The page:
Hamilton’s Decision

Hamilton said in her order dismissing Goldman’s action, without leave to amend, that a cause of action could not be maintained under the CLRA or the UCL, explaining:

“Violations of the UCL and CLRA are evaluated from the vantage point of a ‘reasonable consumer.’…

“A ‘reasonable consumer’ who is purchasing vitamins—choosing from the many different brands and formulas that are available on store shelves in the United States—would look at the entire label to see what vitamins or other nutrients were included in the formula. It is implausible that a reasonable consumer would purchase ‘multivitamins’ without even knowing what he/she was purchasing—particularly in a case such as this, where (according to the complaint) Bayer offers One A Day® VitaCraves® in at least ten different formulations.”

She continued:

“Moreover, ‘One A Day®’ is a brand name, not directions. No reasonable consumer would be deceived by the label on the One A Day® VitaCraves® bottle. Even if the brand name could be construed as descriptive, it does not say ‘One Pill A Day.’ Taken literally, the reference to One A Day could be a reference to one serving a day, one time a day, or one pill or ‘gummy’ a day. Indeed, the California AG conceded in its amicus brief in the Brady appeal that ‘One A Day’ could mean ‘one serving a day.’ ”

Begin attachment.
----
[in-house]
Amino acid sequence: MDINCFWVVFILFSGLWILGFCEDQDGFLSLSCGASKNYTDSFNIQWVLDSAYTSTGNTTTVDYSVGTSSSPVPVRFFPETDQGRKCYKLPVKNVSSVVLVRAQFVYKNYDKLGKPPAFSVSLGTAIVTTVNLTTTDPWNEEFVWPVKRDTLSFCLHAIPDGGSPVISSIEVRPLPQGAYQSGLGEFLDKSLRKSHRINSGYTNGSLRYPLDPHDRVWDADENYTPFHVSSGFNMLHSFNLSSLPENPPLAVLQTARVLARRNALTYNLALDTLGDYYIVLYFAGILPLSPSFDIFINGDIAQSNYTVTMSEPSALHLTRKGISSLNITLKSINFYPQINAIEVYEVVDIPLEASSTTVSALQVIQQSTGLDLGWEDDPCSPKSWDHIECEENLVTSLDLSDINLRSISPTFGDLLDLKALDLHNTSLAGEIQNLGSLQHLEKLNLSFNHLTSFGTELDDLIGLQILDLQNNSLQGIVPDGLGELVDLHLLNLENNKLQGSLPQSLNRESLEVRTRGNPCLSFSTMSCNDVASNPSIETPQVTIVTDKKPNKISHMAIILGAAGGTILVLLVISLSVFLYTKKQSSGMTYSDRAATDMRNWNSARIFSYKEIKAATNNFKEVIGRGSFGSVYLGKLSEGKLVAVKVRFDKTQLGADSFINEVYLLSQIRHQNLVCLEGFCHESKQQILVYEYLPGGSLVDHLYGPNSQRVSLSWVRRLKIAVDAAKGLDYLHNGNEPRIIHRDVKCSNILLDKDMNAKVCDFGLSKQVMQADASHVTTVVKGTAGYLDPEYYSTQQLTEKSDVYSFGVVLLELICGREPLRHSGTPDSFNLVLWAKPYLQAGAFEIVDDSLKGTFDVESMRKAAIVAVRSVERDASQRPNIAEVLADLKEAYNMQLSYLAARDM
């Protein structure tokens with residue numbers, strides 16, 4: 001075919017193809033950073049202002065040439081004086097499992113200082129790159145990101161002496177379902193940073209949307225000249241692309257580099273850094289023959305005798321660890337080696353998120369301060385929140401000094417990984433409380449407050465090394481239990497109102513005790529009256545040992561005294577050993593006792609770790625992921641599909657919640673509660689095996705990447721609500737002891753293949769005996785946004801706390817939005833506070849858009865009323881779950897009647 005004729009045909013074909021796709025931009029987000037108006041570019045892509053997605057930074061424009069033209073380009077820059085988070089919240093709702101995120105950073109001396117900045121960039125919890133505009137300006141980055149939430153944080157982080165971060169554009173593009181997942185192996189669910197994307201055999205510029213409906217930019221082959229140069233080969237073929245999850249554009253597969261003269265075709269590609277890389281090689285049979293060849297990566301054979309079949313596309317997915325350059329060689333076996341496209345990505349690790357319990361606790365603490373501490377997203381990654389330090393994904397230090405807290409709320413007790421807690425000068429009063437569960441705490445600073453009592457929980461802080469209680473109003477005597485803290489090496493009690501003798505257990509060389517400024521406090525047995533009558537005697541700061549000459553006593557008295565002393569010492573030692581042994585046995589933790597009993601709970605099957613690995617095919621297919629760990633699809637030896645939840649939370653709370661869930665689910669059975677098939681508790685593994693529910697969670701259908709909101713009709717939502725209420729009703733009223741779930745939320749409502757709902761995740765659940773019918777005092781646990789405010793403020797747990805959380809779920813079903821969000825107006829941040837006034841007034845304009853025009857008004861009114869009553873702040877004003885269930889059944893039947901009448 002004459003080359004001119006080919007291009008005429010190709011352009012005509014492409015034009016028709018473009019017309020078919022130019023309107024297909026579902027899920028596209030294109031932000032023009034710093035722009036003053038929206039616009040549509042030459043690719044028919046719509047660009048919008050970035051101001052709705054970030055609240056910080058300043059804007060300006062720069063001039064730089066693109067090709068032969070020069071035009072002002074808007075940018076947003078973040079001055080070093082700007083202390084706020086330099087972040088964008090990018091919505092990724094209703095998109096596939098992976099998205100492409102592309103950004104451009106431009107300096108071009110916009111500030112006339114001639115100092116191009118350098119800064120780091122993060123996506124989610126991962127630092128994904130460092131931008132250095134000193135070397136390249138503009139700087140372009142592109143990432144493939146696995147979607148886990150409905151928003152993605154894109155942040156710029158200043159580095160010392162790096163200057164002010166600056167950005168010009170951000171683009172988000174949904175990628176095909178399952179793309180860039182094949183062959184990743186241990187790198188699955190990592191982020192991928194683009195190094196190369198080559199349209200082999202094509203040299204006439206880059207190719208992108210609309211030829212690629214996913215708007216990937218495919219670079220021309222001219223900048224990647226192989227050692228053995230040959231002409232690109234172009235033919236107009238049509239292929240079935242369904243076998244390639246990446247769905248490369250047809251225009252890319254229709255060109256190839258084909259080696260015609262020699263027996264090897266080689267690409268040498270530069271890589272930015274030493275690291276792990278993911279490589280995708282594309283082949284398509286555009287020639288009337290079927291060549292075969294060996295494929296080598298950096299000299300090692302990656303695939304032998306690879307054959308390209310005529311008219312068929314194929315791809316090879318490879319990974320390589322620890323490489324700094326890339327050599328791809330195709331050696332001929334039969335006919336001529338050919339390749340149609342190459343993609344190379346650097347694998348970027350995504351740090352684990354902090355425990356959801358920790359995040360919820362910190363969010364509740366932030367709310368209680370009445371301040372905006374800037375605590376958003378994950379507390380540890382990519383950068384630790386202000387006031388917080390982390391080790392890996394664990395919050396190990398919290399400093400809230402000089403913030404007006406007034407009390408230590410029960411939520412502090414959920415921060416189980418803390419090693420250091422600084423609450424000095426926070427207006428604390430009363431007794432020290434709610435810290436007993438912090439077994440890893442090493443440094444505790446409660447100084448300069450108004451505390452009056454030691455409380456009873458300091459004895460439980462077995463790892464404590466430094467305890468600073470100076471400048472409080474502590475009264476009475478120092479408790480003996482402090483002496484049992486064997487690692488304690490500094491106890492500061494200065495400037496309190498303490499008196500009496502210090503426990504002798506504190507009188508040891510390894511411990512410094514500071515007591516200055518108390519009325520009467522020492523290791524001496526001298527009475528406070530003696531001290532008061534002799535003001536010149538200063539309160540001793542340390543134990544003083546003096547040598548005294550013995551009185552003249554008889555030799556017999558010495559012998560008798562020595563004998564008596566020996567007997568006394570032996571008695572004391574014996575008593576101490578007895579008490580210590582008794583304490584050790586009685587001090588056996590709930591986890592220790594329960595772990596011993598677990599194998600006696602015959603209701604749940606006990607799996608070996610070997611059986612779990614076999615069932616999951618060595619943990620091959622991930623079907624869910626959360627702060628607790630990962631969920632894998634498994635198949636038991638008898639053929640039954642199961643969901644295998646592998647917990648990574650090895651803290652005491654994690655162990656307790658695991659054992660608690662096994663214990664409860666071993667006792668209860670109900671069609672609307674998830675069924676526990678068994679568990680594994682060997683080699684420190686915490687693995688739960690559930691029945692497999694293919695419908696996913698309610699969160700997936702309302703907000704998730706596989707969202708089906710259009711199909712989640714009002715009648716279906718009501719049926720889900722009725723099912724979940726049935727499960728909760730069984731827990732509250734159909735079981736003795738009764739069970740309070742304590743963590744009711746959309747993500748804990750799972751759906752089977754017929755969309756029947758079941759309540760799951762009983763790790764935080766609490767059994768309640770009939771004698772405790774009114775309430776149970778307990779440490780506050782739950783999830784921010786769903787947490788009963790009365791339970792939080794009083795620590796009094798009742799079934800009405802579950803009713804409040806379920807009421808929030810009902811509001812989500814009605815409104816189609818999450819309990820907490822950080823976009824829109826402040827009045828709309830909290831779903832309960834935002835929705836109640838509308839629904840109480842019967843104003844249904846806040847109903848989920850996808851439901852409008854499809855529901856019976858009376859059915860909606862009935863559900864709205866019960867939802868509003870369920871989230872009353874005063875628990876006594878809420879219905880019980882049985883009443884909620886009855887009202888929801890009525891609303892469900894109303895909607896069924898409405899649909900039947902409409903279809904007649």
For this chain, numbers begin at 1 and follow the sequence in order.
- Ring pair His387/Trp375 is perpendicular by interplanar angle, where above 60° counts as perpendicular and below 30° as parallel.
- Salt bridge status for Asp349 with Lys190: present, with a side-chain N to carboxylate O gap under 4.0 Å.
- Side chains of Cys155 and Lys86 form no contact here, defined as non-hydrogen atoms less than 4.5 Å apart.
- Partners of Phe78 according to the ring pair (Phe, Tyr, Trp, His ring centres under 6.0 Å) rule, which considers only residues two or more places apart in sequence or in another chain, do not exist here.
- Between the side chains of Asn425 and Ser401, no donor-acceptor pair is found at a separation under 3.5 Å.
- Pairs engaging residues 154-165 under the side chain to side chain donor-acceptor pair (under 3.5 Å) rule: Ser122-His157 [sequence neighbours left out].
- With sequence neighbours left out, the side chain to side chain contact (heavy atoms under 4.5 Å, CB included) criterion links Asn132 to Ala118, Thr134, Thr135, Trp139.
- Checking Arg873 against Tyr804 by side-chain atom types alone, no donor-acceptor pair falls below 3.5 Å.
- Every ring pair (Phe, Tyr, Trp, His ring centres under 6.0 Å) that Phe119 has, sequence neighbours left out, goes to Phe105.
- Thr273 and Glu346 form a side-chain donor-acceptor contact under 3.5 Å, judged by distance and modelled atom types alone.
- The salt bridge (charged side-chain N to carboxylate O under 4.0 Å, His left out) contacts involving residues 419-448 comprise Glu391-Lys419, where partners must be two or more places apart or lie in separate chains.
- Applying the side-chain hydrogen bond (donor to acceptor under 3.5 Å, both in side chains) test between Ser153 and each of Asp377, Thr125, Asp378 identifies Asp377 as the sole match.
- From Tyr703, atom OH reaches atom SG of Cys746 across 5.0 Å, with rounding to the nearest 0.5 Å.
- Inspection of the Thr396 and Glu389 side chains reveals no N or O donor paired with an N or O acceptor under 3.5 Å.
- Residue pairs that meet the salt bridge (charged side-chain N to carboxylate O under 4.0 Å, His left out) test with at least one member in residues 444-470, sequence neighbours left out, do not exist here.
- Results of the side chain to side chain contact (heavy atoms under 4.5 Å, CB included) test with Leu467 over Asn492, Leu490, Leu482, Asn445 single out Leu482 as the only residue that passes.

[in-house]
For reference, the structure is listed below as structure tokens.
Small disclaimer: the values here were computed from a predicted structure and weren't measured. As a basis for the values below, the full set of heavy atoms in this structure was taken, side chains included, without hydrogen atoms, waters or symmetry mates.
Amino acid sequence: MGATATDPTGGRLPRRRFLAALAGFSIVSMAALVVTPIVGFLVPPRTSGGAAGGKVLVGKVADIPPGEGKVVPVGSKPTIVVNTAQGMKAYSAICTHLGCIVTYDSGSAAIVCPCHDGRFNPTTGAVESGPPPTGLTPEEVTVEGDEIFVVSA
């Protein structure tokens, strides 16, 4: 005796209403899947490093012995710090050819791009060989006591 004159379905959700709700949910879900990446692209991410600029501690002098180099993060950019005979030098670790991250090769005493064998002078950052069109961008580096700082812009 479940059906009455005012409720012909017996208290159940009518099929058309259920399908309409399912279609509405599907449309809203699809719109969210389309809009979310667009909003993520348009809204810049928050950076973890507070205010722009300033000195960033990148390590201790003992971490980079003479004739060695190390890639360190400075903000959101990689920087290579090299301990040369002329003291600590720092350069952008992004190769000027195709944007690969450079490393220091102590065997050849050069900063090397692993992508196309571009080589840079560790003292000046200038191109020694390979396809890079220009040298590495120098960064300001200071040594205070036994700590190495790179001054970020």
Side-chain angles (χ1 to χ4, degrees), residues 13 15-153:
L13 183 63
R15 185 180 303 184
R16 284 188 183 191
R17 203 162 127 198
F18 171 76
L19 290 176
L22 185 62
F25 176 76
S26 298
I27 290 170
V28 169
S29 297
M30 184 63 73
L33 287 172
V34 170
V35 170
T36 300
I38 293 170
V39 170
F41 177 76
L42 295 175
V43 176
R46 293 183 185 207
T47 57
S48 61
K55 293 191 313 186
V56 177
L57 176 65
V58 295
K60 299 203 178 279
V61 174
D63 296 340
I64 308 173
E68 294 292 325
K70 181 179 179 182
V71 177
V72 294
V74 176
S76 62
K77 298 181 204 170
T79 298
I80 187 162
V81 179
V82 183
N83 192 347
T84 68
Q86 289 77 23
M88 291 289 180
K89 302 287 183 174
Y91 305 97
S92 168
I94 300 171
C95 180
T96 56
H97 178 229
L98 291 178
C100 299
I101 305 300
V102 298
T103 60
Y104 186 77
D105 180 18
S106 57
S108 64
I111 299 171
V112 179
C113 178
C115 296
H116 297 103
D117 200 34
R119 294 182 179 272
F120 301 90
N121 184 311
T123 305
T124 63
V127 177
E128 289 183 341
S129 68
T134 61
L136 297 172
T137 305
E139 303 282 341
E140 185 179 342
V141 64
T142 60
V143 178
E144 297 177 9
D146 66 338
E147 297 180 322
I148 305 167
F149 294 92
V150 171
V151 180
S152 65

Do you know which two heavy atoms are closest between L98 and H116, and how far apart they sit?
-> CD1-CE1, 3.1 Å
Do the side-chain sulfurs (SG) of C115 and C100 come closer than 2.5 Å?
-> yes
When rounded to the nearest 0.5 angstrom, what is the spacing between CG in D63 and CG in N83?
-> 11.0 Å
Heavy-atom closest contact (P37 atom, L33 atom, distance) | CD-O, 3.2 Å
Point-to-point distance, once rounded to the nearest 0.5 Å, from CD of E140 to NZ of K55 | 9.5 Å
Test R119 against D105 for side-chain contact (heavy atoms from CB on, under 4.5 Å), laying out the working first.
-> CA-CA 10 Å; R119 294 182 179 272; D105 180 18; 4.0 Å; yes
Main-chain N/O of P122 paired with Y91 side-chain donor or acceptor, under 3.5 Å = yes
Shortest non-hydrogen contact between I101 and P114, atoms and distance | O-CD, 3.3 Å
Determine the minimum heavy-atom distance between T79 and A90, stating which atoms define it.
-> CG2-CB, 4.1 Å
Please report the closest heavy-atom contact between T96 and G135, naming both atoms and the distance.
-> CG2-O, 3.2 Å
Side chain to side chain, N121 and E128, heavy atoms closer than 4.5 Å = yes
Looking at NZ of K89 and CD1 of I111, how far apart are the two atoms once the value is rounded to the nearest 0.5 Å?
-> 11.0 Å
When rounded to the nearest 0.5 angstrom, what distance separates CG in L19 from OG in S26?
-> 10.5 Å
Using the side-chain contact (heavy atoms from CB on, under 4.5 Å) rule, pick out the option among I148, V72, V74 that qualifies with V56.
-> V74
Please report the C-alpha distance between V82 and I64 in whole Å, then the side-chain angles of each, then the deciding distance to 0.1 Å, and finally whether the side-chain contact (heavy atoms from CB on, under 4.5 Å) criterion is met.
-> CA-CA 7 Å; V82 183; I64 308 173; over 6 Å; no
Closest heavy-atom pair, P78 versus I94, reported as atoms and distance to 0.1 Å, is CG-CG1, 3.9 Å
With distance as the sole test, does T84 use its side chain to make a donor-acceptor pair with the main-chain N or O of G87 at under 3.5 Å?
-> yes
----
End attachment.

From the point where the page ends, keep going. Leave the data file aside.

There was no breach of an express warranty, Hamilton said, explaining:

“The brand name, ‘One A Day®’ is not an affirmative representation. The ‘front’ portion of the label states that there are ‘70 Gummies’ in the bottle—not 70 servings or doses. It also does not list the vitamins that are in the multivitamin formulation. In order to obtain that information, a prospective consumer must turn the (round) bottle slightly to one side. At that point, the consumer will see ‘Directions’—’Fully chew two gummies daily’— and ‘Supplement Facts,’ including the notation that the ‘serving size’ is ‘2 gummies,’ and the ‘servings per container’ is ‘35,’ as well as a list of the various vitamins, the number of calories, and the carbohydrates in each serving, plus the other (non-vitamin) ingredients.”